Manufacturing a hanten jacket involves 30 different steps from start to finish, from designing patterns to weaving, binding, and dyeing the cloth. The highest quality hanten are constructed from Kurume Kasuri, a type of woven cotton fabric usually dyed with indigo, which originated in Kurume City, Fukuoka. Handmade hanten jackets are head and shoulders above their mass-produced counterparts.
Happi were historically handmade, though these days many are mass produced to be identical and to indicate which group the wearer belongs to.
9. What are Kimono Jackets Made Of?
Though it’s an oversimplification, summer and vintage kimono jackets tend to be made from silk, whereas winter or modern kimono jackets are produced from cotton.
The light silk fabric of vintage haori jackets comes from one of the four types of silk used across the world: mulberry silk, eri silk, tussar silk and muga silk. Mulberry is the most commonly used in Japan and creates the softest fabric. Buddhist monks, however, often prefer clothes made from eri silk as the eri caterpillars from which the silk is harvested are unharmed during the extraction process.
As outlined above, the most authentic winter jackets are produced from Kurume Kasuri. The collar, however, may be made of black sateen.
10. Are There any Special Designs for Kimono Jackets?
Happi are the most likely of the kimono jackets to feature extravagant symbolism, such as kanji text on the lapels and larger designs on the back – typically denoting a specific organization. Hanten may display family crests, though more informal versions likely just have a simple design woven into the texture. Haori may have a subtle crest or symbol on the lapels, while women’s versions in the modern era can display a broad range of colors.
11. How to Wear Kimono Jackets?
Unlike kimono and obi belts, kimono jackets are very easy to wear. Depending on the style, you can simply slip it over your clothes and let it hang loose, or if there’s a tie – as on a haori or hanten – it’s usually a simple belt or loop that needs fastening in a bow.
12. What are the Differences Between Vintage and Modern Kimono Jackets?
The difference between vintage and modern kimono jackets is most apparent in haori.
Vintage haori are made from silk and are most evocative of the original Sengoku-era style. Though best paired with traditional Japanese clothing, they are wearable pieces of art and a unique addition to most wardrobes.
Modern haori jackets are all about comfort. The best modern haori jackets available are made from Kurume Kasuri, and come in a variety of lengths and patterns to ensure they work well with 21st century clothing.
13. When Can You Wear Kimono Jackets?
Kimono jackets obviously look great with traditional Japanese garments – after all, this is what they were created to be worn with.
That said, a haori is a great light jacket, that can be worn as cardigan or fashion accessory in summer. A hanten is an equally great winter jacket, that pairs well with Western-style clothing. Happi are generally most appropriate for festivals, but ultimately this is in the eye of the beholder.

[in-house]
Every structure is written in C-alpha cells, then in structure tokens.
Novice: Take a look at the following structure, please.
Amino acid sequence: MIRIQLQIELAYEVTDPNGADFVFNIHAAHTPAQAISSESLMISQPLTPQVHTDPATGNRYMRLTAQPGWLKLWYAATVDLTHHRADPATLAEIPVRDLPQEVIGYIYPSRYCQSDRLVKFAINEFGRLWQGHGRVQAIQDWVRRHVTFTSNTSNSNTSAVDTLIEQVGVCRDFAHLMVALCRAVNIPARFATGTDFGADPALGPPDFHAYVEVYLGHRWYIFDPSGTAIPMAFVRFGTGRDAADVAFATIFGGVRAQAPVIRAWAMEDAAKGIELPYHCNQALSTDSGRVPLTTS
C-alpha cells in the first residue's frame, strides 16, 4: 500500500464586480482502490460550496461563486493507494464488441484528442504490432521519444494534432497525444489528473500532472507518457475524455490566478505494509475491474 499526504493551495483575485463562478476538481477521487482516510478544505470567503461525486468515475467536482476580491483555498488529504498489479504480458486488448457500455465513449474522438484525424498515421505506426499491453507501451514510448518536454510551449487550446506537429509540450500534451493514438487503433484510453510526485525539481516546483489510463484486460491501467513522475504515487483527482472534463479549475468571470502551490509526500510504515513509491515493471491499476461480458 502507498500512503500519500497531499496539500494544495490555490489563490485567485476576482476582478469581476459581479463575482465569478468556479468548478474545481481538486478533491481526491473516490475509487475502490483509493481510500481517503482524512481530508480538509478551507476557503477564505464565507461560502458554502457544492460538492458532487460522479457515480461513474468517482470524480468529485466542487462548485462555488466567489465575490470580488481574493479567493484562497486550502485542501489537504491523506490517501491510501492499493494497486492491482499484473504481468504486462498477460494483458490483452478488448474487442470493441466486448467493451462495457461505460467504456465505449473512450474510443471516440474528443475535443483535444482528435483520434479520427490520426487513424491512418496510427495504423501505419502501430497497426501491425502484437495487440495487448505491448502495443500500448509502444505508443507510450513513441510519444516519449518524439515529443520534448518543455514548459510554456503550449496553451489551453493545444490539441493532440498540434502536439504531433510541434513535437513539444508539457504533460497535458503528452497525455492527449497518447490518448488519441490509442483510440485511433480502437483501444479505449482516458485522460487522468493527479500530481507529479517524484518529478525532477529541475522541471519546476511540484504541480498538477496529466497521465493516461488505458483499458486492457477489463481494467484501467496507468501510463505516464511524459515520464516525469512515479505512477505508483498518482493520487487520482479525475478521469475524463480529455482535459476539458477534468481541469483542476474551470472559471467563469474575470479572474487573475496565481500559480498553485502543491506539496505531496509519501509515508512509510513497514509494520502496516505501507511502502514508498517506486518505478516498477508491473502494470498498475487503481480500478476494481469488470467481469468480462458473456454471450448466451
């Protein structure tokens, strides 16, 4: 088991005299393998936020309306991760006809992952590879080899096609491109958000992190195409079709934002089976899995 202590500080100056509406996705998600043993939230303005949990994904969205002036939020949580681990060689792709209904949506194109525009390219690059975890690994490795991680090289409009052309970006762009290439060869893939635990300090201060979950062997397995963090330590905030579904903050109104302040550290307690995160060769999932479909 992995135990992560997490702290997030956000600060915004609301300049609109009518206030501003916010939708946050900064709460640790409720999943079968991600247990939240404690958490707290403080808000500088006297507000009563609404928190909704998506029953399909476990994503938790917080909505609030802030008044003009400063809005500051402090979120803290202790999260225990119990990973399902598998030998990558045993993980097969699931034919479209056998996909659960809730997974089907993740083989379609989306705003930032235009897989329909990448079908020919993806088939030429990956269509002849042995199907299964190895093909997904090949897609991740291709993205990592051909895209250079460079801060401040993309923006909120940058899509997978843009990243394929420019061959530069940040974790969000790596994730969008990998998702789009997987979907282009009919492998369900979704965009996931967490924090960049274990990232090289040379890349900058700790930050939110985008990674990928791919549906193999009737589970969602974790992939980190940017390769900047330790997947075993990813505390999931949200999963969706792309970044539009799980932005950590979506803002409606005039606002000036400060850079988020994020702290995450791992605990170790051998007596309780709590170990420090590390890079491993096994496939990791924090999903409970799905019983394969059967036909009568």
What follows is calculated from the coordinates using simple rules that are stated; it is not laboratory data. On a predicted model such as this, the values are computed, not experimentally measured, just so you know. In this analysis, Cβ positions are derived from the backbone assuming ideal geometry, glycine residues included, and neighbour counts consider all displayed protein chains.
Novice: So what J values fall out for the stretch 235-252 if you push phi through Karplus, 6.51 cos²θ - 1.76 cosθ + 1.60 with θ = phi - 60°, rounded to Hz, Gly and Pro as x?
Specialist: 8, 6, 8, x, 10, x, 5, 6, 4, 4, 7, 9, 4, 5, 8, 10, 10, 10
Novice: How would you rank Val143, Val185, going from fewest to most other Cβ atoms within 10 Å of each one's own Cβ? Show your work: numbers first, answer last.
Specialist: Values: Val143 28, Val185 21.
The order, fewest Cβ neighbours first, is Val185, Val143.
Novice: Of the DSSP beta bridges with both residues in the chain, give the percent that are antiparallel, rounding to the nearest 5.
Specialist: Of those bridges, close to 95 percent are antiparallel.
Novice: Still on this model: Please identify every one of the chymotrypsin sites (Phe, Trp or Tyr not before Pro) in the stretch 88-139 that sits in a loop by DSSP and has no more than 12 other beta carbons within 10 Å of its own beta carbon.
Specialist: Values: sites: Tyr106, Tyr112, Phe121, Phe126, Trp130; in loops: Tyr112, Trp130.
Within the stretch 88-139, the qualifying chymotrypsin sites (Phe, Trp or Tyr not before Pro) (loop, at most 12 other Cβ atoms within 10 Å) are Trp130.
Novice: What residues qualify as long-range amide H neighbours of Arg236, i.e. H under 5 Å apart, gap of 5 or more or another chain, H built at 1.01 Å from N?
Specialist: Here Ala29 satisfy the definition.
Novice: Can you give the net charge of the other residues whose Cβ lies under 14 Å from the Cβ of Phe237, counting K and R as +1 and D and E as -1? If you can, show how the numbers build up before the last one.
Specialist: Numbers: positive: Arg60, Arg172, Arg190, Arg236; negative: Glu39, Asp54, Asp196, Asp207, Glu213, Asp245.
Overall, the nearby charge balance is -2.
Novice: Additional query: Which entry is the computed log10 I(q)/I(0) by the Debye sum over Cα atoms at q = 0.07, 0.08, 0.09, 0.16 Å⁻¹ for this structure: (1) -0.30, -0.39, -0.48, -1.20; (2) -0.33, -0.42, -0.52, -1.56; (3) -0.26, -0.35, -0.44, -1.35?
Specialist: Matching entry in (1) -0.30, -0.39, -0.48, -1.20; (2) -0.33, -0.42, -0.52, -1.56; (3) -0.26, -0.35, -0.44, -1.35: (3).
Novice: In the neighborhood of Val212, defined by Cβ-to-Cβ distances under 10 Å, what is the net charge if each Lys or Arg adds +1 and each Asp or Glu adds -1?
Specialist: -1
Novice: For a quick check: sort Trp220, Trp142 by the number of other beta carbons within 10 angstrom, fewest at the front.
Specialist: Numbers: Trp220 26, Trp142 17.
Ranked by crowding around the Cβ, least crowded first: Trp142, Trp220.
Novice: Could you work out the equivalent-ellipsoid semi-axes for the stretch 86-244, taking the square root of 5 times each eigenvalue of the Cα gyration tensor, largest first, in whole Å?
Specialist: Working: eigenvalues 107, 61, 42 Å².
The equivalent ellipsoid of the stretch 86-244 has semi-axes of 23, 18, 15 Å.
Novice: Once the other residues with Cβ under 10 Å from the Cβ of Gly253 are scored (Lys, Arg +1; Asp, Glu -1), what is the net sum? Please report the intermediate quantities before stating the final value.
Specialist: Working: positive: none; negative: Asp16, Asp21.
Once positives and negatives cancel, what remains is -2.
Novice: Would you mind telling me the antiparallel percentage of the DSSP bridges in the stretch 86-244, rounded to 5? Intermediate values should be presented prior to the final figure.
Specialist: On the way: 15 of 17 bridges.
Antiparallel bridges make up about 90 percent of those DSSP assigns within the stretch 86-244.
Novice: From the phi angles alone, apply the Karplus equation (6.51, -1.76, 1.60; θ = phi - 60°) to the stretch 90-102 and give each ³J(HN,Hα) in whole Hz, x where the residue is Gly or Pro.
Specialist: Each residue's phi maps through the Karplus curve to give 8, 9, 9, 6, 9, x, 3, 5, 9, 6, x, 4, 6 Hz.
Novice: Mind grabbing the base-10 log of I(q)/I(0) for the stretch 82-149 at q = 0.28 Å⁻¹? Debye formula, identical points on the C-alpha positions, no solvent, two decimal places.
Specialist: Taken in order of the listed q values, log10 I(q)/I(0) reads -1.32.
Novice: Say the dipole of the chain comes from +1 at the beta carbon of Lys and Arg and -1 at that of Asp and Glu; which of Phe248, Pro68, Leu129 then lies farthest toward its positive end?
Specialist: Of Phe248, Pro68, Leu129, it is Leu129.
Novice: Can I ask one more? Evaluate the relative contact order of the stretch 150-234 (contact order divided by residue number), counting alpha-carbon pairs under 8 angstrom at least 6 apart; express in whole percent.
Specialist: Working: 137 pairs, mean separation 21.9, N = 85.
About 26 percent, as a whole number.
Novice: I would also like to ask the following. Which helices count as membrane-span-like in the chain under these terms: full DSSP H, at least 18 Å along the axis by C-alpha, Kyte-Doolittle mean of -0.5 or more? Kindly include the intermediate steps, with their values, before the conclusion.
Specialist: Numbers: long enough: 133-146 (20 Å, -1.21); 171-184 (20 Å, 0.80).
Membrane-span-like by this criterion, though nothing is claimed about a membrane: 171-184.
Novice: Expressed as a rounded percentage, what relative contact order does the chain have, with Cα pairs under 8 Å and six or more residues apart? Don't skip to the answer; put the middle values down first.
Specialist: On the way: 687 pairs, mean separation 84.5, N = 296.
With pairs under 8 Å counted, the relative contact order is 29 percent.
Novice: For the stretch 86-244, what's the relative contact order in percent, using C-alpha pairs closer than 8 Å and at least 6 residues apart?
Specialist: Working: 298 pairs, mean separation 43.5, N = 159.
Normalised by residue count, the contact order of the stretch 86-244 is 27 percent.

14. What Season Can You Wear Kimono Jackets?
As we’ve outlined, winter is the season for hanten, summer the season for haori. But you can mix these around, depending on the weather and what feels most appropriate in your current environment.
Happi are less dictated by season than occasion. If you’re in Japan during a traditional festival, such as Obon (summer festival of the dead), Tokyo’s Kanda Masturi (celebrated on odd-numbered years and praying for prosperity of the people), or the bizarre Kanamara Matsuri (festival of the “steel phallus”), then wearing a happi is a great way to immerse yourself in the celebrations.
15. Where to Buy Kimono Jackets?
Kimono jackets can be bought in souvenir stores across the country, though often these are not of a particularly high quality. Craft shops across the country that specialize in silk and Japanese cotton will often have more authentic handmade version for sale.
And of course, you can check out our own Japan Objects Store, where we have a great selection of vintage silk haori jackets. The men’s kimono jackets have soothing exterior colors with vibrant imagery enlivening the inner lining. The women’s kimono jackets are decidedly more elaborate, running the gamut of designs from pink, forested backgrounds to autumn-inspired designs.
We also have padded Kurume cotton hanten jackets in a range of color tones for men and women, as well as stylish cotton haori for women.
We have mentioned it here already, but it’s worth reemphasizing: the primary thing to look out for when purchasing a kimono jacket is quality of the textiles used. Kimono jackets produced using 100-percent silk or Kurume Kasuri are investments, but worthwhile ones if you are able to look after them properly. For those who care about authenticity, handmade hanten, haori and happi created with natural dyes will get you the best bang for your buck.
17. What Size Kimono Jacket Should I Buy?
Because of their loose fit, kimono jackets aren’t as size specific as Western clothing. That said, the Japan Objects store has a style guide to help you with your purchasing decisions. For women’s kimono jackets, the sizes S, M and M/L roughly correlate to US size 2 – 10, 6 – 14, and 6 – 16, respectively.
Each women’s and men’s kimono jacket also comes with specific measurements along the length, width, yuki (spine to end of sleeves) and sleeves.
18. How Should I Look After My Kimono Jacket?
It’s recommended you always hang your kimono jacket up to avoid creasing and add a few years onto its shelf-life. So much the better if you can hang or display it on a wide hanger that maintains the garment’s original shape. Ad hoc hangers are available for this purpose and can be found at craft stores in Japan and online marketplaces.
19. How Do I Clean my Kimono Jacket?
For cotton kimono jackets, it’s best to use cold water in a gentle wash or by hand in order to avoid shrinkage. Irons are not guaranteed to remove creases from 100 percent cotton and risk damage, so steaming in a dryer or shower room may be better. Vintage silk should be dry-cleaned to avoid any damage to delicate fabric.
Leave a comment